A universal method for assessing intrinsic expansiveness of soils.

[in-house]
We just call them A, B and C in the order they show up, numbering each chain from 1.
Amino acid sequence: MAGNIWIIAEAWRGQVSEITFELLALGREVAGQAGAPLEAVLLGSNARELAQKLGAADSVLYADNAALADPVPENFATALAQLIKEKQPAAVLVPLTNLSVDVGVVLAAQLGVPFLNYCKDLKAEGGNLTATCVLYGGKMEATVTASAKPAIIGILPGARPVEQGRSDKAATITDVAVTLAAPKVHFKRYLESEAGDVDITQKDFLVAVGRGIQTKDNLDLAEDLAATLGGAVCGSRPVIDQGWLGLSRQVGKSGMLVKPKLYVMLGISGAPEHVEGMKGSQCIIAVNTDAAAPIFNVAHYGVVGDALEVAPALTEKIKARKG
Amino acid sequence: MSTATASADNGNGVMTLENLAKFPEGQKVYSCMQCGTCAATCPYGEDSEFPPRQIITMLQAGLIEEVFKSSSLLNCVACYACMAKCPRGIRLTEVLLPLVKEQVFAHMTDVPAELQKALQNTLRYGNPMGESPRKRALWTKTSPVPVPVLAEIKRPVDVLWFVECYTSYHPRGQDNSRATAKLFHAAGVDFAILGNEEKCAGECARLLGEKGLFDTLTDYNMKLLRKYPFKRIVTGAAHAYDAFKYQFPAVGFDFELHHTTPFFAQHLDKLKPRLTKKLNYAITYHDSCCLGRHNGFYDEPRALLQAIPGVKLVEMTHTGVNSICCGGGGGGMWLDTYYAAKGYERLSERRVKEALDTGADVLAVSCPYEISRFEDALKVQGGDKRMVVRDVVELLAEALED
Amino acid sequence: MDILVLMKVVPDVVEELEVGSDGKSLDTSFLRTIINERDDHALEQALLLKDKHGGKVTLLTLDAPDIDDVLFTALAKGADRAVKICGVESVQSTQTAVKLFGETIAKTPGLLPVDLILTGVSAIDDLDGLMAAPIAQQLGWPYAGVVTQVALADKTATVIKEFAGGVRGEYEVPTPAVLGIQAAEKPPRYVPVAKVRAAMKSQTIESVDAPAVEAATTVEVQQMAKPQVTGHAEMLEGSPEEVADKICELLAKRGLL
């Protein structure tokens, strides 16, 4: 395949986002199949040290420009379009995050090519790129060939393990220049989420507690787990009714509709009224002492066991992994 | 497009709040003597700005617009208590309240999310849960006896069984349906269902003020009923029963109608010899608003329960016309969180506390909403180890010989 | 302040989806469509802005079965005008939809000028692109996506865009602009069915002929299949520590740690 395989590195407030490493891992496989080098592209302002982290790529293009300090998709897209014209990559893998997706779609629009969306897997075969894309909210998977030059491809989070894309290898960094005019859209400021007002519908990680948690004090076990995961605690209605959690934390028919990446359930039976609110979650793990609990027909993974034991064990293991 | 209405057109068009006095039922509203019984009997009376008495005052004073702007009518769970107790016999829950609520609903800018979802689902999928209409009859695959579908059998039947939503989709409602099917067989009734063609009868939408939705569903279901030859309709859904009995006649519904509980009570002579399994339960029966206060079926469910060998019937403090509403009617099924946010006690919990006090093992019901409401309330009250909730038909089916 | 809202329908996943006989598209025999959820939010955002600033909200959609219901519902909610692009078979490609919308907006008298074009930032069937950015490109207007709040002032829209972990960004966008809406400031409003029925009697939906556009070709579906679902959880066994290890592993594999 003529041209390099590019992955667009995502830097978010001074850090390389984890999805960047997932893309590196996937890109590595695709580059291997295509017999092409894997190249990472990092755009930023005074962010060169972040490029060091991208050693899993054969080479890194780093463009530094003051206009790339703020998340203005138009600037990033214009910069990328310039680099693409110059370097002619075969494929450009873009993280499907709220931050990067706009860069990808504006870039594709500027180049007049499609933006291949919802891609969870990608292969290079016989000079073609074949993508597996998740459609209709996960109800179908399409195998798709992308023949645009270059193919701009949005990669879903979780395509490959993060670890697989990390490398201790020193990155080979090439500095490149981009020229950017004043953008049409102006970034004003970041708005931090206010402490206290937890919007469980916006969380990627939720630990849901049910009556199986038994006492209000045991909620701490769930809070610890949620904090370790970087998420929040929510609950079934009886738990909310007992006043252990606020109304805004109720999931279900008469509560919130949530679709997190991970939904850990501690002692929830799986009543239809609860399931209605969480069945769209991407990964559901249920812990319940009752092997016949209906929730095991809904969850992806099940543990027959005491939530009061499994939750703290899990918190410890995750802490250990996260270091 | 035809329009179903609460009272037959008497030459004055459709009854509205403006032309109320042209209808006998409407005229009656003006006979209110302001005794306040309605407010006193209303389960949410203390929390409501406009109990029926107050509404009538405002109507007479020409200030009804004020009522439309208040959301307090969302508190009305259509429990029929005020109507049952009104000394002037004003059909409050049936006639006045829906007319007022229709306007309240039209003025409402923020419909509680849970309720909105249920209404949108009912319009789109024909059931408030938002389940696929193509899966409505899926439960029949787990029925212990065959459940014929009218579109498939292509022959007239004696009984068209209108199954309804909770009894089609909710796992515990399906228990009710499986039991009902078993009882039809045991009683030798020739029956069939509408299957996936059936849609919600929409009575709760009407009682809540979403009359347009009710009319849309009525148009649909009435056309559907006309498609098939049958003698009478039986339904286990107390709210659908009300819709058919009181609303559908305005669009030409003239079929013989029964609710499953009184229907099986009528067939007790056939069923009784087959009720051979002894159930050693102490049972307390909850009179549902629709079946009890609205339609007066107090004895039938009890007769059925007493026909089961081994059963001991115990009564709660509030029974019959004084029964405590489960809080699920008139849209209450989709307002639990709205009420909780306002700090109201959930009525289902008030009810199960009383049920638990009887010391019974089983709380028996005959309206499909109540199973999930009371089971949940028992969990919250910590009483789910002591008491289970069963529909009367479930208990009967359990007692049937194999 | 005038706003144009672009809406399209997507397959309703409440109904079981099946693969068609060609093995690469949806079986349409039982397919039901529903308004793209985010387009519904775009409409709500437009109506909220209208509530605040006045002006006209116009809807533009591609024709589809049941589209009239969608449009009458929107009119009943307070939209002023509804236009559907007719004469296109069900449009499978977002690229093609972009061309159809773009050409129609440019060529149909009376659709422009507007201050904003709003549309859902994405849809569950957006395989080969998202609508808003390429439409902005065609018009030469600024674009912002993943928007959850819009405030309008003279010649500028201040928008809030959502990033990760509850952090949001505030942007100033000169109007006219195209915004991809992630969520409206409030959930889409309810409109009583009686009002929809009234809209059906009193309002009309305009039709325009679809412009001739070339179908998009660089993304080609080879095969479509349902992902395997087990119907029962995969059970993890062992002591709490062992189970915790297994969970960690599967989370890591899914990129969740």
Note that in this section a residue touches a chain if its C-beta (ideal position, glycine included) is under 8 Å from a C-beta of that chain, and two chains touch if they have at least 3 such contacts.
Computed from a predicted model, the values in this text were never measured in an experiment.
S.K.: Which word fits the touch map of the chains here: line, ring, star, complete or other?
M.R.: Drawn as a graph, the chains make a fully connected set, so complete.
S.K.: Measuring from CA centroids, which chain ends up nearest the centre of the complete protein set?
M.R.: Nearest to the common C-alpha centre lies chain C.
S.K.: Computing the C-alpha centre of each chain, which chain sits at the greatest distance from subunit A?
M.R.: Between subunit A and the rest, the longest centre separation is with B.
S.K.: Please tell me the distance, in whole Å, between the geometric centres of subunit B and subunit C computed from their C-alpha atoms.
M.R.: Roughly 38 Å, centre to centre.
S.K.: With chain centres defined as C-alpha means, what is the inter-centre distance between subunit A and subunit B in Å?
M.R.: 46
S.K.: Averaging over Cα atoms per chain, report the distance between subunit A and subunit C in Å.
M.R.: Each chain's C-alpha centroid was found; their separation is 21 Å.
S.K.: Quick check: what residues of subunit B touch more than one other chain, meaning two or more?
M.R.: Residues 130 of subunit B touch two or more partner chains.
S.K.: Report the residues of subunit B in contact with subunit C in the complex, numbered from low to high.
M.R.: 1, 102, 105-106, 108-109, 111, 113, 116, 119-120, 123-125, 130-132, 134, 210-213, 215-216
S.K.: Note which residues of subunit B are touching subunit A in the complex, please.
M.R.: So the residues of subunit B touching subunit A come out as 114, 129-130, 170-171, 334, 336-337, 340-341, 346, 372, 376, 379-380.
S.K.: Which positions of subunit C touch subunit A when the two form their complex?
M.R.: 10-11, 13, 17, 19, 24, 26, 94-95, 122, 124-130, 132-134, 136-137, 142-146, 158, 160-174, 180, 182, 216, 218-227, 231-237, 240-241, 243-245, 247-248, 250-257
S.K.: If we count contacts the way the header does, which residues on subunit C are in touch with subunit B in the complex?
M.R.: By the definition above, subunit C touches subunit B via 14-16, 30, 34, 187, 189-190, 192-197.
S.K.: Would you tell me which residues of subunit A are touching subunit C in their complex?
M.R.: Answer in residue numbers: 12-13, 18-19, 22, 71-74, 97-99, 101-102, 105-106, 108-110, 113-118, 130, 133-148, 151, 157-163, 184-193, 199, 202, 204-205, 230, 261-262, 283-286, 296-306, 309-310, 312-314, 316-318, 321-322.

Many of the attempts made over the past six decades to find a universal system for assessing expansiveness of soils using soil index data have failed to follow the basic principles of soil mechanics. By overcoming most of these limitations Gourley and Schreiner (1993a) developed a new procedure that allows comparison of intrinsic expansiveness of soil samples prepared to have stable micro-fabric and consistent stress history. In this research, the same procedure is used on twenty-seven natural clayey soil samples of varying geological, geomorphological and geographical origin obtained from Kenya, Sudan, Eritrea and South Africa. Each of these samples was tested for Atterberg limits, volume change behaviours and soil suction. Statistical analysis was conducted on different soil parameters derived from these tests to obtain a significant relationship with their intrinsic expansiveness using measured swell. The analysis confirmed that most of the significant relationships obtained contain swell index, C*5' showing the identicalness of the soil properties responsible for volume change behaviour of both saturated and unsaturated clayey soils. Depending on the cost and the significance, the analysis recommended three major models that can be used as a screening system in the assessment of intrinsic expansiveness. For any soil it is possible to obtain preliminary information regarding its intrinsic expansiveness using the cheapest of the recommended models that needs liquid and plastic limit tests and hydrometer analysis, which are the routine tests of geotechnical site investigation. A more detailed assessment can be achieved by including only t he shrinkage test. The most reliable assessment needs addition of consolidation test with the unloading stage. All of the models allow obtaining information regarding the intrinsic expansiveness of soils as early as site investigation stage for successful engineering design. Moreover, they are anticipated to promote worldwide exchange of information regarding these problematic soils.